Your book, Invisible Women, exposes the sex and gender data gap. Why do you think so much academic research revolves around men?
Very simply because of this very prevalent unconscious bias where we think of men as representative of universal humanity...So men get to be gender-neutral and women have a gender, which obviously is nonsense. We all have this bias and it is perpetuated by everything around us, from the words we use, to the films we see, to the statues in our public spaces, to what we write about and read about in the media. Researchers are just as subject to this bias as everyone else. Researchers have actually said to me, “we can’t include women because the menstrual cycle will interfere with the results”. Well, yeah, it will interfere with the results and that’s why you need to include it...Another excuse that I hear is “we’ll start off with men and if we find anything interesting we’ll add women at a later date”, which again is a very clear evocation of this idea that men are the universal template and women are a complicating factor. There was a study that I came across in my research that exposed male and female cells to oestrogen and then exposed them to a virus. And the female cells were able to use the oestrogen to fight off the virus and the male cells were not and therefore could not fight off the virus. When I read a study like that I think how many treatments we have missed out on for women just because they didn’t work for men at the cell trial stage.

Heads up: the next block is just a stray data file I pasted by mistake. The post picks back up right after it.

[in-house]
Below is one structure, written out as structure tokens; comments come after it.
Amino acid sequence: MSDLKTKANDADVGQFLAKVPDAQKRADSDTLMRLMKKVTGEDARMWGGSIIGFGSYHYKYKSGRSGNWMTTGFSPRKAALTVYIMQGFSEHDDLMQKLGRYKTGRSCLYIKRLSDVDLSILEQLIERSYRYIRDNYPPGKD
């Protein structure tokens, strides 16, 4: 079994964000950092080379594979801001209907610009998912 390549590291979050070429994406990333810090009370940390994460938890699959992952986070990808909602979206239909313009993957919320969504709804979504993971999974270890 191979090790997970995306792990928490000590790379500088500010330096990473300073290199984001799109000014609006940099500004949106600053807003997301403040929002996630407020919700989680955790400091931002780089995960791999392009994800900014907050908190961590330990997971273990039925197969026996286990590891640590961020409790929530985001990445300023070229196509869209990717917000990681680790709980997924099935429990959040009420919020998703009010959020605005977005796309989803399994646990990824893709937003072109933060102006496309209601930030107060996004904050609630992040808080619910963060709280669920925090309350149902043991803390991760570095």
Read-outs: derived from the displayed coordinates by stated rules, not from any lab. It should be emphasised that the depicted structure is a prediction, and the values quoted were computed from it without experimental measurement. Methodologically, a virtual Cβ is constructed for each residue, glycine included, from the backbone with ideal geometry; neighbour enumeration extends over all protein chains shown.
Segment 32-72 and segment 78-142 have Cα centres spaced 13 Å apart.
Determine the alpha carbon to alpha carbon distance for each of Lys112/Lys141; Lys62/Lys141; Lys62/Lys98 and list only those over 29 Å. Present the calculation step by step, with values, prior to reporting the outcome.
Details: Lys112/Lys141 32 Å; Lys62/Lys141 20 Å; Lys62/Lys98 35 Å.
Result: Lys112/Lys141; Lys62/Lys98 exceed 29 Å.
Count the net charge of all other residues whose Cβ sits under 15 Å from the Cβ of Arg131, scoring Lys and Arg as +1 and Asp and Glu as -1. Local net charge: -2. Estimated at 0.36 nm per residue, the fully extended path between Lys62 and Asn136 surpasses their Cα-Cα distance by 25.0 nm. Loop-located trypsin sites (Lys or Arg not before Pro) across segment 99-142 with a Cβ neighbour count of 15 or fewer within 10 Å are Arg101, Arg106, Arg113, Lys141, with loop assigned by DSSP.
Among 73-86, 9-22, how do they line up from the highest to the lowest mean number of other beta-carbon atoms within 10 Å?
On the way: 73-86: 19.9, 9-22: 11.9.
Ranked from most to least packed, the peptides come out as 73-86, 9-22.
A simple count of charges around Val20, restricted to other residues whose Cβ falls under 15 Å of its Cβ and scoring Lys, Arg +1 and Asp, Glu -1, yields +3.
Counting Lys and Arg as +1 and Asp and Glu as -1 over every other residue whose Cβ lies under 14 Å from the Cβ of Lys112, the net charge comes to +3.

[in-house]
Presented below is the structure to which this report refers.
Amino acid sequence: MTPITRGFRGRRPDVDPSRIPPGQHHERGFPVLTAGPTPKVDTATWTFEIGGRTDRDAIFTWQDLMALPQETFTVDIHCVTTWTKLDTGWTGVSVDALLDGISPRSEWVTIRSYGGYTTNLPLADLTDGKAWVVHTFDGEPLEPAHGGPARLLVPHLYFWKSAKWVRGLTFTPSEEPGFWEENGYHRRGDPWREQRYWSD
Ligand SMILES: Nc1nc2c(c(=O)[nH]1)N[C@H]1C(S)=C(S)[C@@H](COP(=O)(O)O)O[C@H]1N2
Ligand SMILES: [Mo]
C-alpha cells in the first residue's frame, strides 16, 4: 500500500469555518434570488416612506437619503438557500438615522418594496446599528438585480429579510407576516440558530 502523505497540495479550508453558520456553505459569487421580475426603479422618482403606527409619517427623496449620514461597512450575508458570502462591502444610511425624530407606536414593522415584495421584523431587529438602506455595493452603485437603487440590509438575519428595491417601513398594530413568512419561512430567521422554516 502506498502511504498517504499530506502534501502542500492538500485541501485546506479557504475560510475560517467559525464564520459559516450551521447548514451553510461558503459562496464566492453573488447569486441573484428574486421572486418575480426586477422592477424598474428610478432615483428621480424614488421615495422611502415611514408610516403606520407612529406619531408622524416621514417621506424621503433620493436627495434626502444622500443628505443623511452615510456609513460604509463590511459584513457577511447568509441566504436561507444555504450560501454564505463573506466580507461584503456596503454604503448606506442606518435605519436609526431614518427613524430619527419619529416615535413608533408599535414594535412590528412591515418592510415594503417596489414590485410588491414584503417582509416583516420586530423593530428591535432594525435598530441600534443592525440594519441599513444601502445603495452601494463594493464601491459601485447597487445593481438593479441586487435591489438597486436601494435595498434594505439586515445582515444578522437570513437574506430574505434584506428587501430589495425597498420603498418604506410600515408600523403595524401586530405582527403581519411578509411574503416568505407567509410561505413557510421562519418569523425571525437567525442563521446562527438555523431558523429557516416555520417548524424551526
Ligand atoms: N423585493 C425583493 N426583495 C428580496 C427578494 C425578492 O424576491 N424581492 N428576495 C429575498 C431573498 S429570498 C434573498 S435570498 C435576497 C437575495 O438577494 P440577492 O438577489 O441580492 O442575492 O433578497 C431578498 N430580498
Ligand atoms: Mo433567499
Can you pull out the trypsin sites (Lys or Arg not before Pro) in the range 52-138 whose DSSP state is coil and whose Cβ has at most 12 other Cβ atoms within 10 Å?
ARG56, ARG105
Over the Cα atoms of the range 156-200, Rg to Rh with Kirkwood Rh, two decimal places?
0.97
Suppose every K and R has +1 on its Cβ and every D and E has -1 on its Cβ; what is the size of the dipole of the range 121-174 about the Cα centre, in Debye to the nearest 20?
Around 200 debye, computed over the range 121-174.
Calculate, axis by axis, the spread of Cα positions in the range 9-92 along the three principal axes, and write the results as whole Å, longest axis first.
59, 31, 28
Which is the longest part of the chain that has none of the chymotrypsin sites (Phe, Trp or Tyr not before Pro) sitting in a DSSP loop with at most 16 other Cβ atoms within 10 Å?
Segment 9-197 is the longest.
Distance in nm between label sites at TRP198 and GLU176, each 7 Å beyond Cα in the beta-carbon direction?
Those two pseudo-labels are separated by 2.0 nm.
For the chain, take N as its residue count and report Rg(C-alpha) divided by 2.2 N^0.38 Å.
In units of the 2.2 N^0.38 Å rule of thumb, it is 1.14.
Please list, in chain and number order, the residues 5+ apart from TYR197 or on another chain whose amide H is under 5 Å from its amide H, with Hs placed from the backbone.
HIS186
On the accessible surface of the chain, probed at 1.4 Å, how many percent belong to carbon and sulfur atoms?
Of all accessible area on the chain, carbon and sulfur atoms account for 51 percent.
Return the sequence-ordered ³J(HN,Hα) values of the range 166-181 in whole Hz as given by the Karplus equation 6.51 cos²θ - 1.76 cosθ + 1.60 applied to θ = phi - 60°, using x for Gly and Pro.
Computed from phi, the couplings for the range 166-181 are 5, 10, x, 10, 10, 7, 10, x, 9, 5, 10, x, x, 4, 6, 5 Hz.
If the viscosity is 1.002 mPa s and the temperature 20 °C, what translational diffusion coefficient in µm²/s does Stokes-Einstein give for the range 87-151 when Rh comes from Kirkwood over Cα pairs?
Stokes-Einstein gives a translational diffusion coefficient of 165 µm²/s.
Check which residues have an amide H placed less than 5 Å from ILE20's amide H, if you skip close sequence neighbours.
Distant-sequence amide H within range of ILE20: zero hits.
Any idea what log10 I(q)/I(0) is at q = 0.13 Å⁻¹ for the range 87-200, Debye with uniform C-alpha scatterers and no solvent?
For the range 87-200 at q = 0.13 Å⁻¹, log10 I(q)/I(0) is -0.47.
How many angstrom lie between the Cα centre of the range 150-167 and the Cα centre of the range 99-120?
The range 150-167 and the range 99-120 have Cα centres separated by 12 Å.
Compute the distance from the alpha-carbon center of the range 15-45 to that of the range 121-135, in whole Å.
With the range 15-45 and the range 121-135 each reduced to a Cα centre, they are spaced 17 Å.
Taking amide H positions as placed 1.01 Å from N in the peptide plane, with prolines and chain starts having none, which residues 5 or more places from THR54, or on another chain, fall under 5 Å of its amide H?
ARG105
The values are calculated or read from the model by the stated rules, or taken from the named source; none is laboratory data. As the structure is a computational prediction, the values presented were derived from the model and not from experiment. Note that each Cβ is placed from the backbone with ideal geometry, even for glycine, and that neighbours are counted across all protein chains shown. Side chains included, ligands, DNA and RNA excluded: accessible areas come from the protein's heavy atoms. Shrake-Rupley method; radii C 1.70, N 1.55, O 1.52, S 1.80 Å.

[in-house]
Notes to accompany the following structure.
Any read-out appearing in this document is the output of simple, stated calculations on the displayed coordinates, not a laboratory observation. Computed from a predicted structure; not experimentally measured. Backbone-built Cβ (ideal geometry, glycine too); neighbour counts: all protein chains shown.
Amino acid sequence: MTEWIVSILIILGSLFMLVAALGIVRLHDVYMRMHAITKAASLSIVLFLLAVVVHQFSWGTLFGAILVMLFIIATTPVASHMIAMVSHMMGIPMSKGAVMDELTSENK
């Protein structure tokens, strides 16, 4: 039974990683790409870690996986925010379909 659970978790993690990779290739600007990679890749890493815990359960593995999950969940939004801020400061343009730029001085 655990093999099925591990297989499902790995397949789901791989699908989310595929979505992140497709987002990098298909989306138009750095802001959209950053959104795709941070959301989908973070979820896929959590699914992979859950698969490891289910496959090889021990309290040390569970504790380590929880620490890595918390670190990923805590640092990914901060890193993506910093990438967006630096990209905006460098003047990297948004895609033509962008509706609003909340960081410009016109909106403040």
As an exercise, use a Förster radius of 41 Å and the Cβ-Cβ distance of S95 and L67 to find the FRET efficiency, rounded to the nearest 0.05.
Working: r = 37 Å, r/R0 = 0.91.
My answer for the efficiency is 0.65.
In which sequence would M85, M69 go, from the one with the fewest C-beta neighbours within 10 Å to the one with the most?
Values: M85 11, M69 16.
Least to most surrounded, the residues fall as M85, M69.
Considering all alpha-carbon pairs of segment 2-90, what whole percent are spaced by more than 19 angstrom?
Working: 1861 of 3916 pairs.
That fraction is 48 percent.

How do you think this will change?
I don’t think it’s going to change without a lot of work and without regulations and standards being put into place. That can be at government level, and I would argue that it should be, but can also be things such as academic journals and funding bodies...saying that they won’t accept or fund studies that don’t have sex-disaggregated data. I think that should be industry standard. My hope is also that as the conversation widens and more people are discussing it, this will become something that seems completely logical.

Girls outperform boys at school and at university, but there are more men at the professorial and leadership level in academia. How do you think the higher education sector can improve on female representation?